“Stone Free” begins with a majestic introductory phrase set to a rolling snare. Guitarist/singer-songwriter Ben Gucciardi arrives with the question and answer of, “How do you get freer that free/You do what you want at hyperspeed/So misunderstood I disagree/To the extent that you are you want to be”. He continues on with “Possessed by an instinct/ That you’ve missed what you’re missing”. These lines are emphasized with a bluesy line that ends with a churning transition. The song returns to its distinguished introduction that seems to act as a verse as Gucciardi sings, “How do you see past what you see/ territorial guys with brain disease”. The blues-washed section returns as he states, “Possessed by an instinct/as you’re losing your mystique”. This builds to a complex chorus. The song comes to a swirling bridge stressed with a dance beat; this goes back to the majestic and blues-tinted verse. It concedes to a boiling break down as the song returns to the chorus (a nice drum solo completes the segue). The song ends by recuring to the bubbling break down. “My Novel” begins with a minimal guitar line and chilly vocals from drummer/singer-songwriter Joe Guszkowski. A ghostly-reverberated guitar heightens this. Strings are added as the full band enters and a solo à la Jimi Hendrix comes to the forefront. The icy minimalism continues only to bend to an elaborate vocal melody stating, “Great communicator/so creative with your words/you are an artist, sir”. An intricate run ends the phrase. This repeats as Guszkowski adds cooing. The first half of the album ends with the doo-wop and funk infused shouts of “Big Worm”.


“Born to Walk” has an ominous guitar line with apocalyptic suggestions in its introductory verse. The elaborate chorus bellows, “Won’t you call me crazy/ Call me whatever you like”. Midway through the song comes a roaring guitar solo. The song ends with a twist on the chorus and with the line, “Walk my baby to the other side”. “Process of Elimination” has a jagged prelude. It opens to a Parliament-style bass line via Sat. Nite Duets contributor Chris Frahm (Check out his band Nuclear Woods and his upright work on “Peel Away” from One Nite Only). The remainder of the song is a knotty structure. “Whipped” is a tumultuous, full-frontal assault. “Swan Blvd.” begins as a string-laden tribute to Music from Big Pink. The song transitions to a noisy chorus where singer John Anderson asks, “Do you have plans to kill me”. It shifts to a regal and progressive bridge that is complimented with trumpet. The song cuts away to a guitar solo. It ends with a return to the chorus with more soloing.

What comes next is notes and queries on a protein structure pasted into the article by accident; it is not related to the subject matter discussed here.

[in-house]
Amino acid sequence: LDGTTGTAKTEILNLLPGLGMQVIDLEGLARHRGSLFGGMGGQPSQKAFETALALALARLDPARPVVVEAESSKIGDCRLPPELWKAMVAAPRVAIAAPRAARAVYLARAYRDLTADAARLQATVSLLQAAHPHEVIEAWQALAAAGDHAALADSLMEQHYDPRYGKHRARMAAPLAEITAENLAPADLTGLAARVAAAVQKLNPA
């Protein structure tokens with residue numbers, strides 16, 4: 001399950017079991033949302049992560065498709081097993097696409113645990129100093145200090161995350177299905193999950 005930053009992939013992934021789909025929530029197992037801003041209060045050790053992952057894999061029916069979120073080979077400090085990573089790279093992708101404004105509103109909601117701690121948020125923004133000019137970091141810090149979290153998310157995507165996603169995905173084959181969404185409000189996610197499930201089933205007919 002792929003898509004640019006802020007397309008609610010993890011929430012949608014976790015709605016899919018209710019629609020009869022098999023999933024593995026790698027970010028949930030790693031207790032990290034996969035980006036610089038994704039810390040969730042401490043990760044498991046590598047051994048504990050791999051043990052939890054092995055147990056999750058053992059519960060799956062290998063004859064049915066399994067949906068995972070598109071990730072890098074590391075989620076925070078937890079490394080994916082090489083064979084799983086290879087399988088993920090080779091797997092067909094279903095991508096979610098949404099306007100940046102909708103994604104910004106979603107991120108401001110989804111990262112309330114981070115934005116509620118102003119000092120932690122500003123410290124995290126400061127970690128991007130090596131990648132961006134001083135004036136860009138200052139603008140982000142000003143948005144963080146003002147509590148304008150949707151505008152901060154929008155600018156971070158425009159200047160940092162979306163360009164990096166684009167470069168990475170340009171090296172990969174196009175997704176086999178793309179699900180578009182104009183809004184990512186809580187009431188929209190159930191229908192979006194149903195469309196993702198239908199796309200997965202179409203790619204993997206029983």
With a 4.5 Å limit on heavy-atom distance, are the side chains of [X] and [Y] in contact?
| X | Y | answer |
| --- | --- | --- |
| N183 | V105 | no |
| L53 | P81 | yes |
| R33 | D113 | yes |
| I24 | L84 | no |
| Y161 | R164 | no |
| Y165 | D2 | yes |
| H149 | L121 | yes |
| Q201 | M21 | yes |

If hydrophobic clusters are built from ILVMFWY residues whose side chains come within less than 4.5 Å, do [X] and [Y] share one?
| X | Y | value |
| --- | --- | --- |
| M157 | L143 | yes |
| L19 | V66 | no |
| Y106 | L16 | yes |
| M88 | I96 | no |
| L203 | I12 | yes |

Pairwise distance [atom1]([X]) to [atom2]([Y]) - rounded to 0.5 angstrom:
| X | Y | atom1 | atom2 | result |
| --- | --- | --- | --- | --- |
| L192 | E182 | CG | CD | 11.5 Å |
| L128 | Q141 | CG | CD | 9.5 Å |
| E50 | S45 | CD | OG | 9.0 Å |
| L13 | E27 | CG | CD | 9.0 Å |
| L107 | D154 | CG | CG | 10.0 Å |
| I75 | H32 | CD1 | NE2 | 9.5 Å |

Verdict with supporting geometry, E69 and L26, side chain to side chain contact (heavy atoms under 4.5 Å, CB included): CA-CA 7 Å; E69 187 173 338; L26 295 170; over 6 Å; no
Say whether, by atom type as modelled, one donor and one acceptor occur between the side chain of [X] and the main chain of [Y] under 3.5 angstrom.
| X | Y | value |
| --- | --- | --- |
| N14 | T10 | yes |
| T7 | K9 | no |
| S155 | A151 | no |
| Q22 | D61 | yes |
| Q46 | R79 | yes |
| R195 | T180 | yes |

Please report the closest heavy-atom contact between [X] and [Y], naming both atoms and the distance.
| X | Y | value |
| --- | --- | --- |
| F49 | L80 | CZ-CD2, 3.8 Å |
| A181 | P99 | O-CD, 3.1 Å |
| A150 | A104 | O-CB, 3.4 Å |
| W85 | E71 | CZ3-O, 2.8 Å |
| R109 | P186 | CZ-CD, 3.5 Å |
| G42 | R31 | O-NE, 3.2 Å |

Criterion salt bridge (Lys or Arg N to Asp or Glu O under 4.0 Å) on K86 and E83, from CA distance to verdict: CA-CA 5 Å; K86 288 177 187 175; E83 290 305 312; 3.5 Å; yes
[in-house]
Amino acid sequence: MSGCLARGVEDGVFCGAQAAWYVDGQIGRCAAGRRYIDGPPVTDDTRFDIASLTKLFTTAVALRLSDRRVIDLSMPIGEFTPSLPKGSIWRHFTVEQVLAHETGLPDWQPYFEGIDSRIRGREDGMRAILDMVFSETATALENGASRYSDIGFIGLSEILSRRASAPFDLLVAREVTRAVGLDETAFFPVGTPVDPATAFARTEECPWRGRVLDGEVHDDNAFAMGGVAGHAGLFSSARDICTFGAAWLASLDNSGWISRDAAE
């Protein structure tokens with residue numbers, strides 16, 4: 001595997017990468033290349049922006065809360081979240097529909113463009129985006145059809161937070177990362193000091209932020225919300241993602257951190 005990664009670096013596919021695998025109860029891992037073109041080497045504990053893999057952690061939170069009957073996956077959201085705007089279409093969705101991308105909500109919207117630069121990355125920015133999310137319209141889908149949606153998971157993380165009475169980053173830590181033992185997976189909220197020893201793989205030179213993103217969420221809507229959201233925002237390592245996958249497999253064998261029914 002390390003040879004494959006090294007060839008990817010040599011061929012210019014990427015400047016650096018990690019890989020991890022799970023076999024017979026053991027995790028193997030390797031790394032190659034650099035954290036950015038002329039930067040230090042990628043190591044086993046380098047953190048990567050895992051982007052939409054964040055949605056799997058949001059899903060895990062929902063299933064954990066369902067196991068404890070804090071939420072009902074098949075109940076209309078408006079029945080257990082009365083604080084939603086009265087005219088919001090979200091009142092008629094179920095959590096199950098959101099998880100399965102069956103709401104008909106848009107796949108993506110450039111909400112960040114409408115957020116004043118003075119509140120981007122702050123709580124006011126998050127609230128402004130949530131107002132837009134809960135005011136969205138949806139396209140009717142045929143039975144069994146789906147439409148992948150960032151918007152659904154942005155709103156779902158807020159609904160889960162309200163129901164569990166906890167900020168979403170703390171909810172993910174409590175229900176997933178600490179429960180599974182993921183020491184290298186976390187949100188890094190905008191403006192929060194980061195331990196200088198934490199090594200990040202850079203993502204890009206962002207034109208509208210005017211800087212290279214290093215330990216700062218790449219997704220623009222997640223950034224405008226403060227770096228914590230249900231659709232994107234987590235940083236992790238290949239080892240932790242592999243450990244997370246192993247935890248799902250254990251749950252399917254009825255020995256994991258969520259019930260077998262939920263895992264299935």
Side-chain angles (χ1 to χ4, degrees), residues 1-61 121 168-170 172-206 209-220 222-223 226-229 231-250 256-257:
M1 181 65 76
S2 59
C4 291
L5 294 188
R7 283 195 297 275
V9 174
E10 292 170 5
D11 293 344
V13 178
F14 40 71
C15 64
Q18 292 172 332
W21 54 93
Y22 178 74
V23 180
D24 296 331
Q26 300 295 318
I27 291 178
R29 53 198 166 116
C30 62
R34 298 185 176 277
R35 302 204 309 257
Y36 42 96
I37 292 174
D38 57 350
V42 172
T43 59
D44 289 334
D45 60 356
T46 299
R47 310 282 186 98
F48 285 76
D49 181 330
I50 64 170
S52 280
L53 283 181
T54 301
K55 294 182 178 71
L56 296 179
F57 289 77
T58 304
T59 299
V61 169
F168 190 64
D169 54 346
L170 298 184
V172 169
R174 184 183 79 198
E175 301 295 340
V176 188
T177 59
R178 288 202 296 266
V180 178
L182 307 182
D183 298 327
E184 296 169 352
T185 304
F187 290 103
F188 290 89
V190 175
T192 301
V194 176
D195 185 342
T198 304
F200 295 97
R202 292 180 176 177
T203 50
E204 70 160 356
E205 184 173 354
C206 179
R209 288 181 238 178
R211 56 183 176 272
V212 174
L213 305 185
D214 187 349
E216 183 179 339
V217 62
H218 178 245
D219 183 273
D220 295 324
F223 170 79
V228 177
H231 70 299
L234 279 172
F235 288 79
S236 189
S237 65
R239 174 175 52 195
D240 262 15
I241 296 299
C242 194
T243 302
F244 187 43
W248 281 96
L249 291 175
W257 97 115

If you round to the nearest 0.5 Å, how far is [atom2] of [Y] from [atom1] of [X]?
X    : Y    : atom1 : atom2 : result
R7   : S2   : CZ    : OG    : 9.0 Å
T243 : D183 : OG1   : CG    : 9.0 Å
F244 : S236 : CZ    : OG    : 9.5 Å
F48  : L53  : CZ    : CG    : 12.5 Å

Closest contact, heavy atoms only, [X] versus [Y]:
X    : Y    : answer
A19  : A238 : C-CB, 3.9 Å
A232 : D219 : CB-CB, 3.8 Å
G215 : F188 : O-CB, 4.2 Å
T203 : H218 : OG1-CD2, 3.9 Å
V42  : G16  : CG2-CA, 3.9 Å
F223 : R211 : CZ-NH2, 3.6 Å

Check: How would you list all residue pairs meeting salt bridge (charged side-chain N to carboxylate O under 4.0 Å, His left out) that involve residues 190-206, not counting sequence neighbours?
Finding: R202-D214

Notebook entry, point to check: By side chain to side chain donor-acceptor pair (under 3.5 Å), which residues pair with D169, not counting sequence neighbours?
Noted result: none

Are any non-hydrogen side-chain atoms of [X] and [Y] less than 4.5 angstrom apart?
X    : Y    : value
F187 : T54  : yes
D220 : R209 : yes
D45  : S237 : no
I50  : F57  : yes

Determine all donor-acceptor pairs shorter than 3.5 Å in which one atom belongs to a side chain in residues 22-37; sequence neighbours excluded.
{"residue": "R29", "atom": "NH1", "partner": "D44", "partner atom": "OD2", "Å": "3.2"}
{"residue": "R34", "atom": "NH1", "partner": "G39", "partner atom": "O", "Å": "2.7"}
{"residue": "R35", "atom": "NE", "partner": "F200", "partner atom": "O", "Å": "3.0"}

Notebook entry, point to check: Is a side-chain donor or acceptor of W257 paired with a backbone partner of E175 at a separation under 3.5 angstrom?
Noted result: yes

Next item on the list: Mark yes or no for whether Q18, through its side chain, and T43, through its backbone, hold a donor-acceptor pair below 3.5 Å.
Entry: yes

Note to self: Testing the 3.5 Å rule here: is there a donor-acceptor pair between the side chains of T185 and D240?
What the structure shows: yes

Electric Manland finds the songwriting skills of Sat. Nite Duets reaching an all time high. The band demonstrates it prowess with solos and the intricacy of songs. The album is adventurous and true to the origins of the band. It is definitely a recommended listen.


The photos in this post are from the Sat. Nite Duets’ ‘Electric Manland’ release show at the Polish Falcons Nest on October 26th, 2013  in Milwaukee, WI (Photo credit: Brandon Kenney).

Sat. Nite Duets
Official | iTunes

Rating: 7.3/10